Articles Posted in US Court of Appeals for the Seventh Circuit

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O’Boyle claimed a debt-collection letter sent by RTR violated the Fair Debt Collection Practices Act by “overshadowing” the consumer’s rights under 15 U.S.C. 1692g(b) and failing to communicate the FDCPA rights effectively. The letter consisted of two sheets the validation notice is not on either side of the first sheet. The front of this sheet directs the reader to “the back of this page for additional important information” but that “additional important information” does not include the notice. Instead, the notice is at the second sheet’s front top. The Seventh Circuit affirmed the dismissal of O’Boyle’s claim. The FDCPA does not say a debt collector must put the validation notice on the first page of a letter. Nor does the FDCPA say the first page of a debt-collection letter must point to the validation notice if it is not on the first page. Nor does the FDCPA say a debt collector must tell a consumer the validation notice is important. Nor does the FDCPA say a debt collector may not tell a consumer that other information is important. View "O' Boyle v. Real Time Resolutions, Inc." on Justia Law

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When Beaton’s laptop malfunctioned, he discovered SpeedyPC, which offered a diagnosis and a cure. Beaton took advantage of Speedy’s free trial, which warned that his device was in bad shape and encouraged him to purchase its software, The software failed to improve his laptop’s performance. Beaton filed a consumer class action, raising contract and tort theories. The district court certified a nationwide class and an Illinois subclass of software purchasers. The Seventh Circuit affirmed, rejecting Speedy’s argument that the class definitions and legal theories covered by the certification orders impermissibly differ from those outlined in the complaint by the narrowing of the class from everyone in the U.S. who had purchased SpeedyPC Pro, to individual persons (not entities) who downloaded the free trial and purchased the licensed software over a three‐year period. Speedy did not suffer “unfair surprise,” given that the “legal basis for liability is based on the same allegations” about the sale of worthless software. By not raising the argument before the district court, Speedy forfeited its assertion that Beaton is judicially estopped from seeking relief under the law of British Columbia, having initially argued for Illinois law. Class certification satisfied Rule 23(a); common questions of fact and law predominate and the amount of damages to which each plaintiff would be entitled is so small that no one would otherwise bring suit. Consumer class actions are a crucial deterrent against the proliferation of bogus products. View "Beaton v. SpeedyPC Software" on Justia Law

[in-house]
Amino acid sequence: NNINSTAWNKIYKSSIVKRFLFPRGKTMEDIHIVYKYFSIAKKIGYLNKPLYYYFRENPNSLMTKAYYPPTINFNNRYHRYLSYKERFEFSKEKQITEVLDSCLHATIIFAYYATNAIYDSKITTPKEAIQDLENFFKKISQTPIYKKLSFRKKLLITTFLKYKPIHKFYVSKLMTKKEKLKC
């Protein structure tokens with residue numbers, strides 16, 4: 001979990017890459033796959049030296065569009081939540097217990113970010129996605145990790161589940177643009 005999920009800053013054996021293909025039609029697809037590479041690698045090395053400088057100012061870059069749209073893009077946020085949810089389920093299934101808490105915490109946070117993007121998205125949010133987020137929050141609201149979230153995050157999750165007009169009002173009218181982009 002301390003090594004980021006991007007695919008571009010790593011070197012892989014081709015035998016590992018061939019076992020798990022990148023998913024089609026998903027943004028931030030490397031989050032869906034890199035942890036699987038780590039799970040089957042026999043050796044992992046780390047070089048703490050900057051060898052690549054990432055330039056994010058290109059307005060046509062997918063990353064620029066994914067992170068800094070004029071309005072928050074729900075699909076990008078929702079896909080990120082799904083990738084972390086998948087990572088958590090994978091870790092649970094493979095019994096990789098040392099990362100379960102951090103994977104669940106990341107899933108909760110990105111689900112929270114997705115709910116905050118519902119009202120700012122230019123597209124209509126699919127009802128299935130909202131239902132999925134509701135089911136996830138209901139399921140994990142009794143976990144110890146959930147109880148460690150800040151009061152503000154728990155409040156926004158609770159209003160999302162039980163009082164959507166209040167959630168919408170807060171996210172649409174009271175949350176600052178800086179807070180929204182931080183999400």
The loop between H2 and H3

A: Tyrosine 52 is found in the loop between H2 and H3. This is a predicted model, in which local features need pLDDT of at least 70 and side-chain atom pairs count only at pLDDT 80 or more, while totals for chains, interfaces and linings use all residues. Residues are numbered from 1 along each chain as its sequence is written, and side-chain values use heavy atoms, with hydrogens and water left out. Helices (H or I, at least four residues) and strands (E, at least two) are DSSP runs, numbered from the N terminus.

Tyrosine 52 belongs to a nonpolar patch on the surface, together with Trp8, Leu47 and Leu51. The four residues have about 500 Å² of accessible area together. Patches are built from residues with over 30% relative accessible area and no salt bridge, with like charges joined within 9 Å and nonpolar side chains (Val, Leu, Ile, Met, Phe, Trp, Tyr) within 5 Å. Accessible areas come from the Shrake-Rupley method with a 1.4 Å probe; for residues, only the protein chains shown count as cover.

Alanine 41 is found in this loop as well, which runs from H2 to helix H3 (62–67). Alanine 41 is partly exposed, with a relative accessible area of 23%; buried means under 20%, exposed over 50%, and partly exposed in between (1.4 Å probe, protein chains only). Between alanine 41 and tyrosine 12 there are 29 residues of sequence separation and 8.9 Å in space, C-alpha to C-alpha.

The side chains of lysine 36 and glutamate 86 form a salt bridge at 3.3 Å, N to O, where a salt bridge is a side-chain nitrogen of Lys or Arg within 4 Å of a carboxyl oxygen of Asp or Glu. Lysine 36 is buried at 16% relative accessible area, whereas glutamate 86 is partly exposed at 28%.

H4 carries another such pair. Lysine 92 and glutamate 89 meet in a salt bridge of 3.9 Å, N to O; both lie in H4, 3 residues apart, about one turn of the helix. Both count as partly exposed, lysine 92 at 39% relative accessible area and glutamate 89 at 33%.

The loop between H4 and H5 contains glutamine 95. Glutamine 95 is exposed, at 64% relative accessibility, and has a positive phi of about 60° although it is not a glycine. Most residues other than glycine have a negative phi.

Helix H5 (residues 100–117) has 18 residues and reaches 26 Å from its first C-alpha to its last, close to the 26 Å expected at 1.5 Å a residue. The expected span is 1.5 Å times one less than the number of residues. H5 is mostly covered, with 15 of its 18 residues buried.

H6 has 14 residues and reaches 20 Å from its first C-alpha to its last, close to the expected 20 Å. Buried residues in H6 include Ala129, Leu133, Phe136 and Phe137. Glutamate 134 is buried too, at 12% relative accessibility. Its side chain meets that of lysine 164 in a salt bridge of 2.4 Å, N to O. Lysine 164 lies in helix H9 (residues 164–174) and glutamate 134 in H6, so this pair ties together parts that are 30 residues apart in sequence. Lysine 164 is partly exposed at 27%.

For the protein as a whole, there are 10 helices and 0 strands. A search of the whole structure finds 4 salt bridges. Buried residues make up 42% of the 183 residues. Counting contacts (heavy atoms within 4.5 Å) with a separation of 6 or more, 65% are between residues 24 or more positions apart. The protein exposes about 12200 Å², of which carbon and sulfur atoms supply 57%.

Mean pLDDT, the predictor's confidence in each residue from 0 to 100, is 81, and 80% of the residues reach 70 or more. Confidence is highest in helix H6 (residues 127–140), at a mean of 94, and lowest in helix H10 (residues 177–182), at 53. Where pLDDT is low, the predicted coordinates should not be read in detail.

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Duncan fell behind on her car payments, ARS repossessed the vehicle on behalf of the lender, Wells Fargo. Duncan had left some personal items in the car, and when she sought to retrieve them, ARS allegedly demanded $100. The Seventh Circuit affirmed the summary judgment rejection of her suit under the Fair Debt Collection Practices Act, 15 U.S.C. 1692f. The $100 charge was not a demand for loan repayment by Duncan, but rather an administrative property-retrieval fee that Wells Fargo had agreed to pay, Duncan was not able to back her allegation that ARS demanded the $100 fee of her with anything beyond her own testimony. ARS backed its contrary testimony with the Receipt for Redeeming Personal Property, which expressly established that Wells Fargo—not Duncan—would make the $100 payment. The same documentary evidence shows that the $100 handling fee was just an administrative expense, not a masked demand for a principal payment to Wells Fargo. View "Duncan v. Asset Recovery Specialists, Inc." on Justia Law

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Plaintiff filed suit against GC Services, alleging violations of the Fair Debt Collections Practices Act (FDCPA). The Seventh Circuit affirmed the district court's denial of GC Services' motion to compel arbitration and held that the company waived any right to arbitrate. In this case, GC Services did not discover the existence of the arbitration agreement for eight months, and then the company did not notify the court or move to compel arbitration for another five months. Furthermore, none of the explanations offered for the delays were adequate, and GC Services' decision to litigate the merits of plaintiff's legal theory and request for class certification was inconsistent with a desire to arbitrate. View "Smith v. GC Services LP" on Justia Law